Montreal Canadiens Offseason Preview, Part III: Offense

Matt EichelSenior Writer IAugust 11, 2008

Defense may win teams championships, as the old monicker goes—but if a team cannot put points on the board at the other end, then there's no point at all to the defense.

Let's take a look at the players skating up front for the 2008-09 Montreal Canadiens.

For years, the Canadiens have had centreman and captain Saku Koivu as the man who they have built this young, speedy team around. Koivu, the Canadiens' first pick in 1993 (21st overall), has been the one player that has remained consistent in the lineup while the surroundings keep changing.

From wingers Stephane Richer to Brian Savage to Martin Rucinsky and up to current linemate Chris Higgins, Koivu has always seemed to play his biggest games when they count the most. He is also an inspirational figure, as the Canadiens' 28th captain has battled through cancer to help the Canadiens get to the second round.

But Koivu's time in the NHL has been plagued by injuries, which have kept him to only three 20-goal seasons. In recent seasons, with Bob Gainey at the helm as GM, the Canadiens have seemed to re-think this idea of centering the lineup around Koivu.

The leadership of the Canadiens has changed, with the addition of All-Star Alexei Kovalev and the up-bringing of Chris Higgins.  Both of these players wear letters on their jerseys and try to perform up to the level of Koivu.  Kovalev may show up and may not, while Higgins plays balls to the walls every shift.

With a great season in 2007-08—84 points, including 34 goals—Alex Kovalev seems to be the offensive leader of this very young team.  Playing the majority of the '07-08 season alongside centreman Tomas Plekanec (81 GP, 29 G, 40 A, 69 PTS) and sophomore Andrei Kostitsyn (78 GP, 26 G, 27 A, 53 PTS), Kovalev has become a mentor to both his linemates as well as Andrei's younger brother Sergei Kostitsyn(52 GP, 9 G, 18 A, 27 PTS).

There is much potential for growth on the Canadiens top two lines.  With the re-signing of Andrei Kostitsyn through the 2010-11 season, and the great seasons had last year by both Kostitsyn brothers, Plekanec, and Higgins, the Canadiens may be strong contenders to repeat not only as the regular season Eastern Conference champions, but also as the top goal-scoring team in the regular season.

Add into the mix former five-time 20-goal scorer Alex Tanguay, and the Canadiens may have a good shot at it for sure.  Despite a slow year in Calgary under new head coach Mike Keenan, Tanguay (78 GP, 18 G, 40 A, 58 PTS) is looking for a fresh start in his native province, and will be a factor on the Canadiens' top two lines.

With the departure of former 30-goal scorer Michael Ryder, veteran Bryan Smolinski, and small Belrussian forward Mikhail Grabovski, there are open spots available on the Canadiens' third and fourth lines, possibly to be filled by up-and-coming players such as Kyle Chipchura and Matt D'Agostini.

Playing his first 36 NHL games in the early part of the 2007-08 season, Kyle Chipchura (36 GP, 4 G, 7 A, 11 PTS) was demoted to the AHL's Hamilton Bulldogs to condition and become a better faceoff man.  The 6'2", 205-lb Alberta native is going to be a key role player for Montreal in the coming years, especially with his dynamic two-way play.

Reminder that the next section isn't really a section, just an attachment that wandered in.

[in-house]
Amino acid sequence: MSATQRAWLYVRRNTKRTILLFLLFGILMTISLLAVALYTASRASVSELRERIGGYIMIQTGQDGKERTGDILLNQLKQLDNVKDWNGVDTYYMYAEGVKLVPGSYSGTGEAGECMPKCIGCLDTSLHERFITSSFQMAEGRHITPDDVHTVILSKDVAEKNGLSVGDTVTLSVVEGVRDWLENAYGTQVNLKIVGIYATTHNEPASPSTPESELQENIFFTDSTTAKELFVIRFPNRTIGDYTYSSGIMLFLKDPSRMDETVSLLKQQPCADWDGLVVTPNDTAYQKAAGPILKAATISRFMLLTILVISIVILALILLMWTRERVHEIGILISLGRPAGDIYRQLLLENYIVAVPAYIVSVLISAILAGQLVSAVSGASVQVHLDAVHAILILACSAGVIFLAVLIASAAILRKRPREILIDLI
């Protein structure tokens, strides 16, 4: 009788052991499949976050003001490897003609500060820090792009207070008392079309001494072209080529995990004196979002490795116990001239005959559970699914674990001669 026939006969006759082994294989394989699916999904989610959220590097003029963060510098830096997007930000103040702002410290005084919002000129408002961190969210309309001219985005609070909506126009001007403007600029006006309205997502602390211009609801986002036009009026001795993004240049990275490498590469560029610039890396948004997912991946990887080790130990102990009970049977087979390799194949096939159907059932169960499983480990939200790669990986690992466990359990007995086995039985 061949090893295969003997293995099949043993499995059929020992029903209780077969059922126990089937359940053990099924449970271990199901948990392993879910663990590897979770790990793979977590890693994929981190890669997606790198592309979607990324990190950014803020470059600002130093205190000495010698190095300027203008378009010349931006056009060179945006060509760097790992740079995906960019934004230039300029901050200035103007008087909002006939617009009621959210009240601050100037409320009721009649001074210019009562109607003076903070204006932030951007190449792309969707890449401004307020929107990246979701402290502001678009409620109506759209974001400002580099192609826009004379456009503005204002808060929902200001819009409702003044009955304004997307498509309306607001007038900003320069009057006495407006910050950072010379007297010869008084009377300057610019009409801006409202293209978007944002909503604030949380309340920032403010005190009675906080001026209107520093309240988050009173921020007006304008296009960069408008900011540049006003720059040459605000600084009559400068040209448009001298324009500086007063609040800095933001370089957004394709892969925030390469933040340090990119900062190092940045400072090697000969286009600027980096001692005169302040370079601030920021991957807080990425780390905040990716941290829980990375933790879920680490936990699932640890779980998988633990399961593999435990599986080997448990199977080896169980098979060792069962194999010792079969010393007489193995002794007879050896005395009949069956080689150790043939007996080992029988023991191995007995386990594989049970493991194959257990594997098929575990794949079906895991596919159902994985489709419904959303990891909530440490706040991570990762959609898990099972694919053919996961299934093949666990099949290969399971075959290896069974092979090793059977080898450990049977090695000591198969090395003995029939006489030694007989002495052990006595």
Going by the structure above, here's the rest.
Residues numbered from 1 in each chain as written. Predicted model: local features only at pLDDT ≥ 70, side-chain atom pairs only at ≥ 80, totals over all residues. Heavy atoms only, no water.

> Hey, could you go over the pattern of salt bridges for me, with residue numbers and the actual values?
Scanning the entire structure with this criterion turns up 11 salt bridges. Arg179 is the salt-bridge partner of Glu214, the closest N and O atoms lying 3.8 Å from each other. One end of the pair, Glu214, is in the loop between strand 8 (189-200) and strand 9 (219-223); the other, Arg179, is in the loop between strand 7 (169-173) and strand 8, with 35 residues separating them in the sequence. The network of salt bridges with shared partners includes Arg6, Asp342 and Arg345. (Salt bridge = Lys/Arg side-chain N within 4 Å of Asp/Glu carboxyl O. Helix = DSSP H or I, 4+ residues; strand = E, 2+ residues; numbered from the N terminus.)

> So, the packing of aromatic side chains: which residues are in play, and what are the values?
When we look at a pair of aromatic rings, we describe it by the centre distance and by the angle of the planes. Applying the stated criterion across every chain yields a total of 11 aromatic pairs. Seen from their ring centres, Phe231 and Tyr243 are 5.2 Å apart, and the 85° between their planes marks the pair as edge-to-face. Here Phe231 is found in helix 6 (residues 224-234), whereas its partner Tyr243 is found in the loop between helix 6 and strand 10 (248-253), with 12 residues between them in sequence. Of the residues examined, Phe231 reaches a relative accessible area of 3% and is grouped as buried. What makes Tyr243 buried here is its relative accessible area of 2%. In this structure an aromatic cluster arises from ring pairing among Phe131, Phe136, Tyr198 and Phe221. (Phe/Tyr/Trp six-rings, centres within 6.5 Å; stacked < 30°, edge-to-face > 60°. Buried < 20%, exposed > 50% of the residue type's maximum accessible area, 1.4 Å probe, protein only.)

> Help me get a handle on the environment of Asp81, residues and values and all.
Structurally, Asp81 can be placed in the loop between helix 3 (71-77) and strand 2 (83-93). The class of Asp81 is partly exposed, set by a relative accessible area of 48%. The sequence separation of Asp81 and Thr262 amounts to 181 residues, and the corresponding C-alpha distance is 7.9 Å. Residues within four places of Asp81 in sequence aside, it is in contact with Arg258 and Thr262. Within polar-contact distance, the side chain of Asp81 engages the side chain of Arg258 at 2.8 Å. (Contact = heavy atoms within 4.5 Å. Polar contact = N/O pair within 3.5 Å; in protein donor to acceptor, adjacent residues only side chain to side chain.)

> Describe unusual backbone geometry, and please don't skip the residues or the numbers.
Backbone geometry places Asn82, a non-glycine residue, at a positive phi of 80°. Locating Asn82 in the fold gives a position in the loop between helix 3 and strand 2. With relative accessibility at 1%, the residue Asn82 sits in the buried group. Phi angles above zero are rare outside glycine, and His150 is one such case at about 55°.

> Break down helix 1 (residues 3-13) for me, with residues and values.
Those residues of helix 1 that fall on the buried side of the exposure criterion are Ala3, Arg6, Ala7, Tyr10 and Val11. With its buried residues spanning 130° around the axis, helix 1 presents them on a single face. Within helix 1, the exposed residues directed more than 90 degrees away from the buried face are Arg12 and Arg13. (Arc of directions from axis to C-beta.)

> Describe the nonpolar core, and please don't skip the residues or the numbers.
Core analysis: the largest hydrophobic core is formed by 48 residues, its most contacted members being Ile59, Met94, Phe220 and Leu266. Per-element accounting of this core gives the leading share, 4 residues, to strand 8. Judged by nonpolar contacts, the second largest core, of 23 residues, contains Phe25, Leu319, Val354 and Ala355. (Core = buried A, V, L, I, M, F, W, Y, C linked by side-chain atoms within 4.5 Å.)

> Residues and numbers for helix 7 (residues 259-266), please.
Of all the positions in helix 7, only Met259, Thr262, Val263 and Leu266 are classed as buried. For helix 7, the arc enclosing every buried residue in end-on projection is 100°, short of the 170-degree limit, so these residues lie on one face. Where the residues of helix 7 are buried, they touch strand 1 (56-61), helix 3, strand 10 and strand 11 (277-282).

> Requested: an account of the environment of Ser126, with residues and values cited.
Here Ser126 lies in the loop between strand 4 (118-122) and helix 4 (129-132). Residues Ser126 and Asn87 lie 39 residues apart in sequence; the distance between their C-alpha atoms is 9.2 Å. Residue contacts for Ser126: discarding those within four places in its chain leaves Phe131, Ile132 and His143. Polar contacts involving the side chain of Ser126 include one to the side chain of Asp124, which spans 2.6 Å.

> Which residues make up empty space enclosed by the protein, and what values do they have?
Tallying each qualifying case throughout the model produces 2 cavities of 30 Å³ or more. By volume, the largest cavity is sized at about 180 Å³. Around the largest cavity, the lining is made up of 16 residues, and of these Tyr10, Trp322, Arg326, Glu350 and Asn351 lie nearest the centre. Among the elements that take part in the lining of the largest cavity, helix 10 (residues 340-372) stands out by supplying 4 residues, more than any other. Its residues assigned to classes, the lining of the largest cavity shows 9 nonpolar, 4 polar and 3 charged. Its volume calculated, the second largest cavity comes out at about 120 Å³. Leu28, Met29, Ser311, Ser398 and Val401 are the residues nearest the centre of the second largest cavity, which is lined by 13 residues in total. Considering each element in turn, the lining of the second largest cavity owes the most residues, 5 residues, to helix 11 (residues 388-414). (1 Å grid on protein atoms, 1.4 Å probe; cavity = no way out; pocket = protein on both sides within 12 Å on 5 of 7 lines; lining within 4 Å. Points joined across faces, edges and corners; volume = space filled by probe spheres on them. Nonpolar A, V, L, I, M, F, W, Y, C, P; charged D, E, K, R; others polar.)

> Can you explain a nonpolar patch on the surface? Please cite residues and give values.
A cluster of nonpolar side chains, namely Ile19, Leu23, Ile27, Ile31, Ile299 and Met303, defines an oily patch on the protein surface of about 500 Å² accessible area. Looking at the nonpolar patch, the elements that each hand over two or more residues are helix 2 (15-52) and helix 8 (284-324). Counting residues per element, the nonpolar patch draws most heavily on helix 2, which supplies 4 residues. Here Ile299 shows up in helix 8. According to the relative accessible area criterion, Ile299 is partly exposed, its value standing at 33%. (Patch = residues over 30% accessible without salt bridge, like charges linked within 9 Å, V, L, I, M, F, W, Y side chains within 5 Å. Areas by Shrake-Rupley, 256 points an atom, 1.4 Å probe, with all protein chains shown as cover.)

Along with Chipchura, Matt D'Agostini got a taste of NHL action last year, though it only lasted one game, D'Agostini is deemed to be a future sniper.  Netting two straight 20-goal seasons in the AHL, including 23 with Hamilton in '07-08, the quick and skilled D'Agostini may be a fixture in the Canadiens' opening-day lineup.

Another player that may have an impact in training camp is Gregory Stewart.  As was the case with D'Agostini, Stewart got a small taste of NHL action, playing one game and having a strong showing.  Stewart is a role player—and a big one, at 6'2" and 197 lbs.

Stewart and D'Agostini will be competing for a spot with either Maxim Lapierre, Guillaume Latendresse, Steve Begin, or Tom Kostopolous.  Coming off a season that has many pinning him as a future super-pest, Maxim Lapierre has barely had time for the ink on his two-year deal dry.  Lapierre (54 GP, 7 G, 11 A, 18 PTS) was a pest for many teams in the East, and you never saw him hesitate against either the Bruins or Flyers in the playoffs.

Along with Lapierre, the Canadiens have other pests in Tom Kostopolous (67 GP, 7 G, 6 A, 13 PTS, 113 PIMs), Steve Begin (44 GP, 3 G, 5 A, 8 PTS, 48 PIMs), and newcomer Georges Laraque (71 GP, 4 G, 9 A, 13 PTS, 141 PIMs with Pittsburgh). 

Latendresse adds power to the group of third and fourth liners, and was drafted by the Canadiens in 2005 to become a protoypical NHL power forward.  So far, Latendresse (73 GP, 16 G, 11 A, 27 PTS) has shown glimpses of being that power forward and other times seems to be lost.  His time will come.

After finishing the 2007-08 season with seven 15-goal scorers in their lineup, the Canadiens' offense looks to be another powerful force coming into the 2008-09 season—enough to be a contender again in their centennial year.